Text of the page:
Now I understand there’s a lot of self-interest going on here. YouTube is hoping to gain some attention (maybe some credibility since the site is known for hosting a ton of cat videos among other things) and obviously HP has plenty to gain in offering various tutorials (which may or may not push their own software or products) and in providing the tools required to put on the exhibit. YouTube Play could be a great publicity opportunity for all included – even Guggenheim, which is described in Discover as the “ultimate arbiter of contemporary art success” – an image that suggests elitist (read stuffy, classed, raced) notions of art. Partnering with YouTube for this project has prompted some to call YouTube Play a mash-up between high and low art, and in the NYT piece Spector states that the goal in all this is to “brea[k] down traditional art-world boundaries.”

Here is a video that outlines the goals of the project:

While this all sounds great, and my immediate reaction was sheer joy in the idea of Guggenheim showcasing girls’ video-art, my enthusiasm faded when I read some of the fine print regarding submission criteria. First and foremost, no one under the age of 18 can submit a video. So even though the youth of today are generally the most familiar with digital and social media – they are almost completely excluded (unless they’re 18) from participating in the project. How is that breaking down barriers? Maybe there’s some legal reason for this guideline, but their site doesn’t mention it . . . prompting me to wonder if there’s some ageism at work here – in that maybe people at Guggenheim don’t think youth can create video-art that would be worthy of their time or consideration for YouTube Play.

Moreover, one rule stipulates that each video can have only one creator – or at the very least only one creator will be recognized. This means that organizations such as Reel Grrls which encourages girl collaboration and teamwork, would either be excluded from submitting a video, or only one of the girls who worked on it would receive recognition. Recognizing only one creator reinforces this idea of the auteur – in which one person, usually the (white, heterosexual, able-bodied, cisgender male) director, is considered solely responsible for the video or film in question while everyone else who worked on it is cast aside. Championing one creator – in instances where this isn’t the case – is also how minority groups’ contributions to film industries and film history (in editing, lighting, sound, costume design, screenwriting, and on and on) have been overlooked and undervalued.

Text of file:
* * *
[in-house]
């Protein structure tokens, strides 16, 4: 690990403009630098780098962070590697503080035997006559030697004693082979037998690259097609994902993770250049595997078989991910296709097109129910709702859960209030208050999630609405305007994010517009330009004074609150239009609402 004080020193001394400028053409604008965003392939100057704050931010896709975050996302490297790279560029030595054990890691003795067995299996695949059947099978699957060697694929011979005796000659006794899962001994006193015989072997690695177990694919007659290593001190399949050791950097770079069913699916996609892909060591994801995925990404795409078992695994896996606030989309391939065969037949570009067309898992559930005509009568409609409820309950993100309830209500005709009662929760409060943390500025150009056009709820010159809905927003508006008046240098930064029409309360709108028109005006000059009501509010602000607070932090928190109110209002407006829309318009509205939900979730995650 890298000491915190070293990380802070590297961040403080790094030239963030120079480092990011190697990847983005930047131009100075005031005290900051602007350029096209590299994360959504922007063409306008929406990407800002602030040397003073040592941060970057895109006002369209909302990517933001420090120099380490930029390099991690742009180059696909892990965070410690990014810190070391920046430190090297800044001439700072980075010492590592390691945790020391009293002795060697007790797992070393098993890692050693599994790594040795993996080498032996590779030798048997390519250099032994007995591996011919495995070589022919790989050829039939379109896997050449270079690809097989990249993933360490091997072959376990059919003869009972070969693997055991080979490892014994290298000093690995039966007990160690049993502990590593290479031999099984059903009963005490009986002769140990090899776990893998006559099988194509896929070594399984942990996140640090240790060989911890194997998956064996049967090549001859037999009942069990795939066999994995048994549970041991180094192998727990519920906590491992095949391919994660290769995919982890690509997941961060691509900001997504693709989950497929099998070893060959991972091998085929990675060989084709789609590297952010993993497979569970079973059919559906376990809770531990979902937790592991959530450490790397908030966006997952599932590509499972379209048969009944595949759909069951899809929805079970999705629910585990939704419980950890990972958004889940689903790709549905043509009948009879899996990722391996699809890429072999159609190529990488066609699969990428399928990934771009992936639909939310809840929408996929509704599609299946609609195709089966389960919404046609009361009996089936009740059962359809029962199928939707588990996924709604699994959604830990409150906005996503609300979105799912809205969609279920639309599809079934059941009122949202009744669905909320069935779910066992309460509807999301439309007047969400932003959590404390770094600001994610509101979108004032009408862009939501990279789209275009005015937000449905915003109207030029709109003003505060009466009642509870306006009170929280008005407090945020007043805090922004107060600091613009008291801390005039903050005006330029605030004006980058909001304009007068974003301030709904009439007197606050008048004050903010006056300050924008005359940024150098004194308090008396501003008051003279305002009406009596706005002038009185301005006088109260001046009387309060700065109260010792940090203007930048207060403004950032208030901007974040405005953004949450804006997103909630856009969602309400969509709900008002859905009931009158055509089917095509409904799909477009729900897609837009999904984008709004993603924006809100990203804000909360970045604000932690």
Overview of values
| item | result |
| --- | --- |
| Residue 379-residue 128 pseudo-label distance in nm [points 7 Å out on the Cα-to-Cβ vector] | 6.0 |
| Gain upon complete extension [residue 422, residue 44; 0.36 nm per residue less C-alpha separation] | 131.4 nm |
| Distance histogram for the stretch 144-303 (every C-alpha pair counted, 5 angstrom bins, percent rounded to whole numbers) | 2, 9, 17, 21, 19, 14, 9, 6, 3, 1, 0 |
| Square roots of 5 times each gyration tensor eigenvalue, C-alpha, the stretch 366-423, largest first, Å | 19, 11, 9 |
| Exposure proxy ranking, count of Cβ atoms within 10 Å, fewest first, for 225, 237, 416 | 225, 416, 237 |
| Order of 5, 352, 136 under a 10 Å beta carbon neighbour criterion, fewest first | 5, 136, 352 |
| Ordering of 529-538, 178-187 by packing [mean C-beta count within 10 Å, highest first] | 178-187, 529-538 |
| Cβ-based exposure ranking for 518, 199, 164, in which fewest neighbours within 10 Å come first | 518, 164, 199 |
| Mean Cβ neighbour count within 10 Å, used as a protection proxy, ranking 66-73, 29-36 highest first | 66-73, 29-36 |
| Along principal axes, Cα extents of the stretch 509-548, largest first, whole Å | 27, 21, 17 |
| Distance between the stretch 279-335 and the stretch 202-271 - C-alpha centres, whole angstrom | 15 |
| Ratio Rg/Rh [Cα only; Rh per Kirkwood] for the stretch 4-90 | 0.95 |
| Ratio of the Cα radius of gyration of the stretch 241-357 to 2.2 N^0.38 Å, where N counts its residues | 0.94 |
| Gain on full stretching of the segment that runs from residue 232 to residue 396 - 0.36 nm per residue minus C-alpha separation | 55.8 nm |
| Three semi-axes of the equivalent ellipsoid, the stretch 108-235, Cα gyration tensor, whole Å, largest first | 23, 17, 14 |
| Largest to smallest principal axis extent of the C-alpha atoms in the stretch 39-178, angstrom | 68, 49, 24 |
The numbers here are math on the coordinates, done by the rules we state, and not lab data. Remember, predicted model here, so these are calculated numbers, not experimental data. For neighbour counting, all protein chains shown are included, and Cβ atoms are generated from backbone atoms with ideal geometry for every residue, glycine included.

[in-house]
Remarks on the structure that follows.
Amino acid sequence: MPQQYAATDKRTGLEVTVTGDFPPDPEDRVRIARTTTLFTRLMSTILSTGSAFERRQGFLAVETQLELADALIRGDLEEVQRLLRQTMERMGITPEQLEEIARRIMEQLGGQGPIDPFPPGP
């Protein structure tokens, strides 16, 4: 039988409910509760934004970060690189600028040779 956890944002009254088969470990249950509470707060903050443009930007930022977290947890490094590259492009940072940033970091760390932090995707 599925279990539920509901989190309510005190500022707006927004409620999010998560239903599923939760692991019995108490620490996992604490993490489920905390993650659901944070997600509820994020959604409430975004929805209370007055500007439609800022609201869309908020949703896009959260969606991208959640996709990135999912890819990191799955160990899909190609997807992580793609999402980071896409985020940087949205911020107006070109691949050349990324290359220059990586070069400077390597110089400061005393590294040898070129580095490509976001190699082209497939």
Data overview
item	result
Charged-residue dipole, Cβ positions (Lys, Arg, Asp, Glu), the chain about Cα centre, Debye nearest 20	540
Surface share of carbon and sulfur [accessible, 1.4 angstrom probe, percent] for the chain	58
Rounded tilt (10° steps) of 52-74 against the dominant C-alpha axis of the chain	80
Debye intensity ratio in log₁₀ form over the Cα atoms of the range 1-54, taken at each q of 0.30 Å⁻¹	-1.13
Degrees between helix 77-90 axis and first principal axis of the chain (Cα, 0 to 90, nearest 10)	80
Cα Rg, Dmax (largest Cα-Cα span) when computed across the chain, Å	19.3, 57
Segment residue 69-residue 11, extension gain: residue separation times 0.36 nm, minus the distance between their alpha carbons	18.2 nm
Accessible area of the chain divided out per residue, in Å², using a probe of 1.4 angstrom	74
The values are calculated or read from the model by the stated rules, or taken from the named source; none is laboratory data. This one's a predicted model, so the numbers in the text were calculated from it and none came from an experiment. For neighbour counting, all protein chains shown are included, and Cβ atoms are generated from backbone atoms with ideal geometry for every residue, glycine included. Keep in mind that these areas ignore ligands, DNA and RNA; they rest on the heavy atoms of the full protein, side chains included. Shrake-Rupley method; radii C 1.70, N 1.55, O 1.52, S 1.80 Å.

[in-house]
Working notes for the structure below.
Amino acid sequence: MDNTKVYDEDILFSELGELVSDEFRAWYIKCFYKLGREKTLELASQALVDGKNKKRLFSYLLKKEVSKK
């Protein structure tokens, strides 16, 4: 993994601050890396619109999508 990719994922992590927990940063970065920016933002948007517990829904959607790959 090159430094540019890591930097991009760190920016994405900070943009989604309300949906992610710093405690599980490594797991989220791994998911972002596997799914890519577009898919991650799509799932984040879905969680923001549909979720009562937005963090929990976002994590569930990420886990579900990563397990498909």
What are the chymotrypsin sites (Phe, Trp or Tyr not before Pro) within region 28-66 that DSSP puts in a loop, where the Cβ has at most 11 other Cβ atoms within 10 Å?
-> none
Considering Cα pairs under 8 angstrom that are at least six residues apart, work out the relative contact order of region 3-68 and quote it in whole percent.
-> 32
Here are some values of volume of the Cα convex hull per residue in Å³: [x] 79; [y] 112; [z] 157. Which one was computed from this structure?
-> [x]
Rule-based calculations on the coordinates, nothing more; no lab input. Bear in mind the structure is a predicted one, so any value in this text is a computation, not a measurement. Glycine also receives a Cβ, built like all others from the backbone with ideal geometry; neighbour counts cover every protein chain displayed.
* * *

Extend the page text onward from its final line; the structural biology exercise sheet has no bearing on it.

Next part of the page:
Sadly what seemed like a wonderful, open project seems less so when the various rules and criteria are closely examined. Guggenheim and YouTube plan to make this a biennial event – maybe next go around the creators behind the project will consider the ways in which their submission guidelines break down some barriers, but simultaneously reinforce others.

show up, rock out!: GIRLS ROCK SHOWCASE

•June 11, 2010 • Leave a Comment

Flyer for the GIRLS ROCK SHOWCASE (image courtesy of girlsrockcampaustin.org)

It’s that time of year again – the time when girls come to camp, rock out with other girls, and put on a show! Alyx (aka feministmusicgeek) and I are tinkering with the PowerPoint presentation and song list for the Music History Workshop and we can’t wait to meet this year’s new campers and talk about girls’ and women’s contributions in music history. If we’re gearing up for camp then that means the GIRLS ROCK SHOWCASE is right around the corner!

Here’s all the information you need to know so you can join us and witness all the hard work these girls put into their songs:

Where: The Highball
Who: everyone! kids, parents, grandparents, neighbors, best friends . . .
When: June 19th
What Time: doors open at 12, show starts at 1
Cost: suggested $5 donation to Girls Rock Camp

For more information about Girls Rock Camp or the SHOWCASE, check out the GRC website.

“You know I’ve got the curse!”: Disney and others tackle menarche

•June 10, 2010 • 2 Comments

In keeping with this archives theme I have going, today’s post is about past educational videos on menarche. To help contextualize the history of menarche in the U.S. I read Joan Jacobs Brumberg’s article “‘Something Happens to Girls’: Menarche and the Emergence of the Modern American Hygienic Imperative.”** Brumberg focuses on how menarche came to be seen as less of a “maturational event” and more of a “hygiene crisis” (101). In her article Brumberg stresses that:

“Although our contemporary response to menarche seems rational and altogether commonplace, the American girl experiences her first display of menstrual blood in a way that is shaped by her own body but also by family, friends, economic forces, and values at work in the larger society. So even though menarche appears to be one of those inevitable, natural, and develop- mental progressions that is “hard-wired” into the female organism, its meaning, and even its pattern, is derived from the particular culture that surrounds the body of the sexually maturing girl” (102)

In tracing this development in the U.S. Brumberg touches on class differences in how mothers and daughters respond(ed) to menarche, while also addressing the increasing medicalization and commercialization of menstruation.

Brumberg argues that prior to the industrialization and urbanization of the U.S. information about menarche (and childbirth) was passed from mother (or aunt, grandmother) to daughter. Surrounded by close knit communities of women, girls adopted the techniques these women shared with one another. Yet Brumberg notes that within the late 1800s women’s and girls’ biological functions became increasingly handled by those in the medical and scientific fields – fields largely dominated by men. As the tradition of women passing on information to their daughters faded away, there was a concern that more and more girls were unprepared for menarche. In the late 1870s after studies suggested that more and more girls knew nothing about menstruation at the time they experienced menarche, several male doctors and biologists openly chastised mothers for failing to adequately teach and train their daughters about female biological functions.